Annie's Pizza and Pasta Sauce

This is a no-cook sauce. Just add the ingredients to tomato sauce. Use what you need and freeze the rest in 2 cup portions in zipper freezer bags. Just fill them, lay them on a cookie sheet to freeze, the stack them in the freezer after they've frozen solid.

30 ounces (2 15-ounce cans) tomato sauce
1 tablespoon sugar
1 tablespoon grated Parmesan cheese
2 teaspoons oregano leaves
2 teaspoons basil leaves
1-1/2 teaspoons minced garlic
1-1/2 teaspoons extra virgin olive oil
1-1/2 teaspoons balsamic vinegar
1 teaspoon fennel seed, crushed
1/2 teaspoon black pepper
2 "splashes" (about 1/8 teaspoon or so) Worcestershire sauce

Combine all ingredients in a large bowl. Mix well. Heat over low heat to use over pasta, or use at room temperature when making homemade pizza.

Freeze leftovers in zippered freezer bags.

Makes approximately 4 cups of sauce.

I also have this recipe proportioned for the extra-large institutional can (6.5 pound can) of tomato sauce. Anyone who can use that version of the recipe is welcome to request it by email. The address is in my profile.

* We have a couple of good freight salvage stores in our area. They have grocery items at very low prices. This isn't spoiled, damaged or out-of-date food. It's simply food (and other merchandise) that has somehow been lost during shipping and ends up in central clearing houses to be auctioned off to store owners like these who sell the merchandise at deep discounts.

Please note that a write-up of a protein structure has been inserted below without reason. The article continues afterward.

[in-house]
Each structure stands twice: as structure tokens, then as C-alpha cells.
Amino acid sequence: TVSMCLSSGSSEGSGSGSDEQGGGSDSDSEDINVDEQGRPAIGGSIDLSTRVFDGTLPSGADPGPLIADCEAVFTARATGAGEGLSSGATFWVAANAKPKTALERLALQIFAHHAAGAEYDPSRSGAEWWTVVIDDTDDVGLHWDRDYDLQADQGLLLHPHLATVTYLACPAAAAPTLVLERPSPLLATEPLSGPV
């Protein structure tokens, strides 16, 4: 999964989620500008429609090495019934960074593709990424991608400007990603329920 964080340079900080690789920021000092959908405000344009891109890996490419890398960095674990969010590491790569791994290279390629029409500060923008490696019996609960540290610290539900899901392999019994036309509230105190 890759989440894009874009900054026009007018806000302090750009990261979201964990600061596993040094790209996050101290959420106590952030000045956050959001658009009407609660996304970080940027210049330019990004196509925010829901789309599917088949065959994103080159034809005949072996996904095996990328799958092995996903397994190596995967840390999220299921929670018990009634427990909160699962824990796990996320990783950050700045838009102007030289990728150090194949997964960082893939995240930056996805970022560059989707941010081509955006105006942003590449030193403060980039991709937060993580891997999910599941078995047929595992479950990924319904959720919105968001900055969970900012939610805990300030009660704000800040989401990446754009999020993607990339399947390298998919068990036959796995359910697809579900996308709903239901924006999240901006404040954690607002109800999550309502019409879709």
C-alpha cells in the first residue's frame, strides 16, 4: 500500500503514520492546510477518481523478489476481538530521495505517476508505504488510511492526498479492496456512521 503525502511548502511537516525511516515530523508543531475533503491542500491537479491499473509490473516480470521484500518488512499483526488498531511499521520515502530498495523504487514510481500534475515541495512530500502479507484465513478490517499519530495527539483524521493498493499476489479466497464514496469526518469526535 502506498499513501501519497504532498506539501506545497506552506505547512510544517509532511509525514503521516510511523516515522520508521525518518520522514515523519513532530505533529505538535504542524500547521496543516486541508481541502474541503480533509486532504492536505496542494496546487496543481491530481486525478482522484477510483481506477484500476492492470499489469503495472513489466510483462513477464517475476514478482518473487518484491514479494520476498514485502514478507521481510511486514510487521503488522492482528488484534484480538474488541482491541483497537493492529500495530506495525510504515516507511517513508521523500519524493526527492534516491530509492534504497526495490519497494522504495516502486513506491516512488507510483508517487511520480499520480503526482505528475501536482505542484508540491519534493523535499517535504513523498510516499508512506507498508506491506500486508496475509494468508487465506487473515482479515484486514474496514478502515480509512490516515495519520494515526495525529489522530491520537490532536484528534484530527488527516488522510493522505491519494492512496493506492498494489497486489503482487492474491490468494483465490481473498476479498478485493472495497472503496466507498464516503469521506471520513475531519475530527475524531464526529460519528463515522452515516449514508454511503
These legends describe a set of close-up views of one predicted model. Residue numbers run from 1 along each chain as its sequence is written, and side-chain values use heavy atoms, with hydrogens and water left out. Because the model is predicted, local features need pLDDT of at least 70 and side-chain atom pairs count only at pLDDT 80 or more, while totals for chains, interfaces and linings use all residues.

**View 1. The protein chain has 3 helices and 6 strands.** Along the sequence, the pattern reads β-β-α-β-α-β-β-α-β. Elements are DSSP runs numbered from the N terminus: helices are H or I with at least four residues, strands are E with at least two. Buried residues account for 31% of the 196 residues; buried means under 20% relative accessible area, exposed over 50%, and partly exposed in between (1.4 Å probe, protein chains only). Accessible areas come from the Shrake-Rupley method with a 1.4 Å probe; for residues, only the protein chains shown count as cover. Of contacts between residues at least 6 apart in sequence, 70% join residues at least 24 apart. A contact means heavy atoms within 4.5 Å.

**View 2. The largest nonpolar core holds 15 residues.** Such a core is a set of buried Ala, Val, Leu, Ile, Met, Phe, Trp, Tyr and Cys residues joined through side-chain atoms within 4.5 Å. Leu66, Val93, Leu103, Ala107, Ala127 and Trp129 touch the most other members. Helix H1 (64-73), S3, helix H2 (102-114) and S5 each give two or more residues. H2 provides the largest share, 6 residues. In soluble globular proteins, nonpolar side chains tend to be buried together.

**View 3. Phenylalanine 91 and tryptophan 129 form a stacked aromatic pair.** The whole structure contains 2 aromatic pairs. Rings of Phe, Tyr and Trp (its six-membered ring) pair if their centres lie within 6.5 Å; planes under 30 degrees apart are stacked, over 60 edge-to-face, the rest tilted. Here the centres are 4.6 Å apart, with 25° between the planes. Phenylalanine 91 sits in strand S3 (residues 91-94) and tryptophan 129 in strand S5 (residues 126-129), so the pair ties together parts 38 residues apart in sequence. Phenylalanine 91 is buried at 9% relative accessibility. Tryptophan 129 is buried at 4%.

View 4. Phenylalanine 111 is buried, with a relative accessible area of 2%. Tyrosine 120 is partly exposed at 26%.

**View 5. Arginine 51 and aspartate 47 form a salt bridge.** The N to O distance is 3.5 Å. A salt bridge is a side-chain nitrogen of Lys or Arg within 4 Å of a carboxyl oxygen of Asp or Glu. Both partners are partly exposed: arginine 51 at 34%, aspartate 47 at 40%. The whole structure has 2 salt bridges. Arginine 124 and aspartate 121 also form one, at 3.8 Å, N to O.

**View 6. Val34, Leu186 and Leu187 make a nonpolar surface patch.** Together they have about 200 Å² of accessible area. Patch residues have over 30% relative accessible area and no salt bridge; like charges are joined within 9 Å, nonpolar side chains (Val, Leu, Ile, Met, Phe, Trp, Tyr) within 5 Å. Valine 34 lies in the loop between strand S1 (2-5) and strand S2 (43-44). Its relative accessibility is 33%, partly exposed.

DadGuy said...

Thanks for posting your pizza recipe! We use a bread machine to mix the pizza crust and then spread it out on a pizza stone. It's a bit different than regular bread/roll dough, but not vastly different than what you have posted. We have a "sweeter" recipe and a more healthy recipe. They both taste quite good. Drop me a line if you're interested in those. (Or maybe my wife, she might get it to you faster... =) )

I'll have to try your sauce recipe. What is labeled as ragu here where I live tastes... pretty bad. It is in the same exact bottles as the wal-mart generic stuff, just with a different label. I've tried a few different sauces, but the only one that is fairly good is contadina's pizza sauce. I've not found something that is quite right, but that comes close. I'm looking forward to trying out yours. Thanks!

Annie Jones said...

So, do you do most of the cooking at your house, or is it a joint effort. Shane will join me in the kitchen any time I ask, but rarely does he fly solo. He does do most of the grilling, though.

My homemade sauce is somewhere between a pasta sauce and a pizza sauce. I haven't quite figured out how to replicate the pizza sauce flavor. Try might like it, and if not, my feelings won't be hurt.

And yes, I'm interested in the recipes. Whenever you or Bon have a free moment. (Yeah, I know you're LOLing at the idea of a "free moment".)

DadGuy said...

I'm about as picky and opinionated about food as a person can get. So I tend to end up cooking so I can eat what I like. My wife has much more time to do so, but I've always liked cooking. I just have a pretty narrow scope of what I cook. Like most things I do, I prefer to do it right or not at all.

I'll see what I can do for you on the recipes.

Maria said...

I came across your recipe after doing a search for deep dish pizza crust recipes and fixed it for dinner tonight. My entire family LOVED it! That is the closest recipe to Pizza Hut deep dish that we've ever had! Thank you so much! With a recipe like this one I think that we will go for homemade more often than take out too!

Anonymous said...

can i freeze the pizza for later use??? and how long does it last if frozen?